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First record of Alternaria thunbergiae on Thunbergia alata in Europe
Royal Horticultural Society, RHS Garden Wisley, Woking, Surrey GU23 6QB, United Kingdom
Published: 25 Apr 2019
Thunbergia alata, often known as black-eyed Susan vine, is used in UK gardens as an annual climber in bedding schemes and hanging baskets. Flowers are typically shades of yellow, orange and red with a black centre. Plants germinated onsite from commercial seed were observed with dark leaf spots in outdoor beds at RHS Wisley in July 2017. Initial symptoms were dark circular spots surrounded by a yellow halo. These developed into circular necrotic lesions with a small white, central spot (Figs. 1-2). Lesions coalesced to produce early leaf necrosis but plants continued to flower profusely through to the end of the season.
Microscopic inspection of leaf lesions revealed brown conidia with extremely long beaks on unbranched conidiophores, developing on the necrotic tissues (Figs. 3-4). Mature conidia had ellipsoid or obclavate bodies, (79-) 85-108 (-117) × (15-) 17-29 (-31) µm with 8-9 (-11) primary transverse septa and (2-) 5-6 (-8) euseptate cells. Beaks were (150-) 185-310 (-350) µm in length, tapering from a base (3.6-) 4.1-7.0 (-7.3) µm in diameter. These features identify the casual fungus as Alternaria thunbergiae described by Simmons & Alcorn (2007) from leaf spots on Thunbergia alata collected in Queensland, Australia. Although 90% of the conidia were narrower than the original description of A. thunbergiae (27-32 µm), 98% were broader than A. iranica (17-20 µm, Simmons & Ghosta, 2007) which was placed in synonymy with A. thunbergiae by Woudenberg et al. (2014) using a five-gene phylogenetic analysis.
A single-spore isolate was obtained on potato dextrose agar and deposited in the RHS culture collection held at RHS Wisley (RHS400616) and at the Westerdijk Fungal Biodiversity Institute, Netherlands (CBS145627). The internal transcribed spacer (ITS) region of rDNA and the glyceraldehyde-3-phosphate (GAPDH) gene were amplified and sequenced (GenBank Accession Nos. MK295816 and MK307897, respectively). The ITS sequence was identical to two ITS sequences for A. thunbergiae already held in GenBank (KJ718257 and KJ718258) and differed from a third available sequence (KJ718259) by one base pair. The GAPDH sequence was identical to all three GAPDH sequences for A. thunbergiae available in GenBank (KJ718084, KJ718085 and KJ718086).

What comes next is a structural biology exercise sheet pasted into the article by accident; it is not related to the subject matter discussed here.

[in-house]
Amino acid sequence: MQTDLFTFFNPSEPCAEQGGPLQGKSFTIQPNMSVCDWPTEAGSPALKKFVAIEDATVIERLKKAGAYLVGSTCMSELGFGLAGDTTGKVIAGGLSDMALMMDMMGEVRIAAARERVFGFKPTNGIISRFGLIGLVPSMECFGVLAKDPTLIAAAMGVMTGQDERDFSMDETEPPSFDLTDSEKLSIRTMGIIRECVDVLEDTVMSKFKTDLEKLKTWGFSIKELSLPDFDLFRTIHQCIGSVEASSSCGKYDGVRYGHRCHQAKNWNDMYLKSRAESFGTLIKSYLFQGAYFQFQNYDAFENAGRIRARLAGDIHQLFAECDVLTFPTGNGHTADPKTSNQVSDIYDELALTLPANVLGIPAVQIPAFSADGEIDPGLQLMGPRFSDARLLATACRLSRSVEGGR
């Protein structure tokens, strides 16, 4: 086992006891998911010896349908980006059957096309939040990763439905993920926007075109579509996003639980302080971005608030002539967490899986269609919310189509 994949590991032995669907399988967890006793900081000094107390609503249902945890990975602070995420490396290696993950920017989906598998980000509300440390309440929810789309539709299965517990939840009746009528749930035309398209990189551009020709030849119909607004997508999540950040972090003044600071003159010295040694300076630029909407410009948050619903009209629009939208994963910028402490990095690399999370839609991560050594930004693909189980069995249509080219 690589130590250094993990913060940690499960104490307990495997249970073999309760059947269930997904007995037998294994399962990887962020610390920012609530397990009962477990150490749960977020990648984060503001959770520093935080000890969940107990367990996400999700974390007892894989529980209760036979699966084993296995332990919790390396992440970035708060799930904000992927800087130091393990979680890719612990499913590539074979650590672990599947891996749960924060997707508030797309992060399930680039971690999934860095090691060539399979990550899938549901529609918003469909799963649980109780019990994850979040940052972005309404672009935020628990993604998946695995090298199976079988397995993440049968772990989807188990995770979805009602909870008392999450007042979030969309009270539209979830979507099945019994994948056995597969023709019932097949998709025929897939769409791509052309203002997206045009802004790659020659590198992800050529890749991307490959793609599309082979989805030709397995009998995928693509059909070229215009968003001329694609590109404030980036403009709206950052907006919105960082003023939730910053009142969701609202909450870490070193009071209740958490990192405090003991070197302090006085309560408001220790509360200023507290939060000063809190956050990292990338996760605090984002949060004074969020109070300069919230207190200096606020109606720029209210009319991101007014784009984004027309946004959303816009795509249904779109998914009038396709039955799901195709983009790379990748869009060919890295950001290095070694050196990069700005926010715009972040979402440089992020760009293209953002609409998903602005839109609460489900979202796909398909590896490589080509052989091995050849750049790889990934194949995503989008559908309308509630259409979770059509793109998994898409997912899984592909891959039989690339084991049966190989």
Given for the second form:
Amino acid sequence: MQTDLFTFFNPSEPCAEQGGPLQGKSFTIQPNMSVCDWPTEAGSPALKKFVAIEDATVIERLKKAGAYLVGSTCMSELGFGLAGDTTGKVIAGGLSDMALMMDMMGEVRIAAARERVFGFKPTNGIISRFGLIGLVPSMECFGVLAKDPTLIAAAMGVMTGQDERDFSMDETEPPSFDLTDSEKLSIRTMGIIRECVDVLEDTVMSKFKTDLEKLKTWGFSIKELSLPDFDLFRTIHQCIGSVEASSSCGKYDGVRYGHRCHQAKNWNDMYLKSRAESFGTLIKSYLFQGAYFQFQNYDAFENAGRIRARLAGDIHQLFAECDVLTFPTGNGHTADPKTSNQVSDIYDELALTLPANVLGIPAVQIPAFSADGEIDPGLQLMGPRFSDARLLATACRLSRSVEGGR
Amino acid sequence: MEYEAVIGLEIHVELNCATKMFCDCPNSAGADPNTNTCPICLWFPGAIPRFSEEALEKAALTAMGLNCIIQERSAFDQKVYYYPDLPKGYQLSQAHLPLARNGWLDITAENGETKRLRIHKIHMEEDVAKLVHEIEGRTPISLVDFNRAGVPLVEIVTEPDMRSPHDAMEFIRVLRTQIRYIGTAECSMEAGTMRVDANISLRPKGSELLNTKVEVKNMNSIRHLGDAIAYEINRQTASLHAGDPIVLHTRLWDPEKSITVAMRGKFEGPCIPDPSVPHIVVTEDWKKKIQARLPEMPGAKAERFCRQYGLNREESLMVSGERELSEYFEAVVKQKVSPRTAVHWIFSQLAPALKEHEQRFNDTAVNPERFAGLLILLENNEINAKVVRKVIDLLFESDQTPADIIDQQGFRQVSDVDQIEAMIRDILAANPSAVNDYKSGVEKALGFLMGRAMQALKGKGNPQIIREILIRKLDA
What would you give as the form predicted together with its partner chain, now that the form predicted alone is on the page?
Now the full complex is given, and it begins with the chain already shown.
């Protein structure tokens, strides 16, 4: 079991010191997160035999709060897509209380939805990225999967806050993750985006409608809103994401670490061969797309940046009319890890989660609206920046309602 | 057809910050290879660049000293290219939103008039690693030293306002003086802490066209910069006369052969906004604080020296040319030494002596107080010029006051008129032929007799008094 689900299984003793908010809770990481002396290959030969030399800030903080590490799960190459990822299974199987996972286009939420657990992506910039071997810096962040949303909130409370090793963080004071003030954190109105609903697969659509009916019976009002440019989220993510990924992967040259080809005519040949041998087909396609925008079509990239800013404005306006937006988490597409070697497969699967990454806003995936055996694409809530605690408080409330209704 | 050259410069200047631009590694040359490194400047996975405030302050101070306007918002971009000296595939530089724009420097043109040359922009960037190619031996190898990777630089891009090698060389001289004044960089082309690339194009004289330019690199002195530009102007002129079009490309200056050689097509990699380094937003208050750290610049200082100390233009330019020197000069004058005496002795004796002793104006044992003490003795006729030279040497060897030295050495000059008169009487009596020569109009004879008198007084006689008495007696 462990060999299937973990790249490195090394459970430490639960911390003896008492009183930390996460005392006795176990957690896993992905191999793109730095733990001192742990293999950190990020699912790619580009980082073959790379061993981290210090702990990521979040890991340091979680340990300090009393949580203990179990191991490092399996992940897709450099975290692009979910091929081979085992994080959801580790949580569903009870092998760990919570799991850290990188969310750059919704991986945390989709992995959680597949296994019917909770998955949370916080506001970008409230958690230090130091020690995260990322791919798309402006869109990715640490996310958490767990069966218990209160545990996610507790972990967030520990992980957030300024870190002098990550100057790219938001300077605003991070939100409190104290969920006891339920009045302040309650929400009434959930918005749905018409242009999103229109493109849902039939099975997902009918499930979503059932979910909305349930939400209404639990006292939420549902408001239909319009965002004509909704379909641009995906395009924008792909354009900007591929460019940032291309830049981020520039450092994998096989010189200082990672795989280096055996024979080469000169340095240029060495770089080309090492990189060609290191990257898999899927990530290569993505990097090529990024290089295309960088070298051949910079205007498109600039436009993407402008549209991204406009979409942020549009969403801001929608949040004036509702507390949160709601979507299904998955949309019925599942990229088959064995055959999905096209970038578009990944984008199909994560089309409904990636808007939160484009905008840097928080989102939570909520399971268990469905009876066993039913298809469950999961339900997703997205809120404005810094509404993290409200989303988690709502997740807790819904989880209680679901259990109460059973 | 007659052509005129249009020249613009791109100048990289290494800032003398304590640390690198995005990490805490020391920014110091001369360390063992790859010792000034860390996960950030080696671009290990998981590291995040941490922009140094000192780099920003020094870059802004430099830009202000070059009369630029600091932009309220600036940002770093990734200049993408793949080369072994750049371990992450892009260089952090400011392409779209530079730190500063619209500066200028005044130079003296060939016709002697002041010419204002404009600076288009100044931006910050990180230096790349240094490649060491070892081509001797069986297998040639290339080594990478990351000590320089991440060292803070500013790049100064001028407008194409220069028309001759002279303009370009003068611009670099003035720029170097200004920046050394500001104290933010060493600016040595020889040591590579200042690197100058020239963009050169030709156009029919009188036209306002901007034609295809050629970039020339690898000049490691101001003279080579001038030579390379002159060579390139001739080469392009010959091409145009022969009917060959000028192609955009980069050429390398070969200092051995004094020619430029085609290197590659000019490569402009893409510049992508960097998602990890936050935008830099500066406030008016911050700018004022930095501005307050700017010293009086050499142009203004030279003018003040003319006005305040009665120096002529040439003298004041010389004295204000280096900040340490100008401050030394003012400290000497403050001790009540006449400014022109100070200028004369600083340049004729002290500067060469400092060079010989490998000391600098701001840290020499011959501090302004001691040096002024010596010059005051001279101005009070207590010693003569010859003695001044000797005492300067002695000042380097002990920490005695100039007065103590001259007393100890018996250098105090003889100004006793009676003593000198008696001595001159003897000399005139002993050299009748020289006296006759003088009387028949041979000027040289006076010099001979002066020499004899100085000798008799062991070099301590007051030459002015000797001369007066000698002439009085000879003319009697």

To confirm pathogenicity, damp filter paper discs on which the fungus was sporulating, were placed on the leaves of young Thunbergia alata plants kept at ambient temperature in natural light conditions. Discs were removed after a 48-hour period in which the plants were kept at 100% humidity. Pale, necrotic lesions developed after two weeks. Spores typical of A. thunbergiae were found on the lower leaf surface of lesions, isolated and confirmed as A. thunbergiae using ITS and GAPDH sequences. Control plants, on which damp sterile filter paper discs were placed, showed no symptoms.
In addition to Australia, A. thunbergiae has been reported from Florida, USA (Leahy, 1992), from Rio de Janeiro, Brazil (Melo, 2009) and from Miandoab, Iran on Allium cepa as A. iranica (Simmons & Ghosta, 2007). To our knowledge, this is the first record of A. thunbergiae in the United Kingdom and Europe. Whilst the infected mature plants continued to flower well at RHS Wisley, the unsightly foliage caused a reduction in plant quality. These symptoms could have significant negative implications for growers producing planting material. A pressed specimen of Thunbergia alata showing typical symptoms has been deposited at the Royal Botanic Gardens, Kew as K(M)257596.
The authors would like to thank Jane Renshaw for aid in preparation of fungal cultures and Saskia Harris for preparation and labelling of herbarium specimens.
- Leahy RM, 1992. Alternaria leaf spot of Thunbergia. Plant Pathology Circular No. 352, Florida Department of Agriculture and Consumer Services. https://www.freshfromflorida.com/content/download/11359/144450/pp352.pdf. Accessed 21 March 2019.
- Melo MP, Soares DJ, Araújo JSP, Tostes GO, 2009. Alternaria leaf spot, caused by Alternaria thunbergiae, recorded for the first time on Thunbergia alata from Brazil. Australian Plant Disease Notes 4, 23-25. [http://dx.doi.org/10.1071/DN09010]
- Simmons EG, Alcorn, 2007. Alternaria thunbergiae. In: Simmons EG, ed. Alternaria: an Identification Manual. Utrecht, The Netherlands: CBS Fungal Biodiversity Centre, 136-137.
- Simmons EG, Ghosta Y, 2007. Alternaria iranica. In: Simmons EG. Alternaria: an Identification Manual. Utrecht, The Netherlands: CBS Fungal Biodiversity Centre, 122-123.
- Woudenberg JHC, Truter M, Groenewald JZ, Crous PW, 2014. Large-spored Alternaria pathogens in section Porri disentangled. Studies in Mycology 79, 1-47. [http://dx.doi.org/10.1016/j.simyco.2014.07.003]
To cite this report: Newbery F, Beal E, Scrace J, 2019. First record of Alternaria thunbergiae on Thunbergia alata in Europe. New Disease Reports 39, 14. [http://dx.doi.org/10.5197/j.2044-0588.2019.039.014]
©2019 The Authors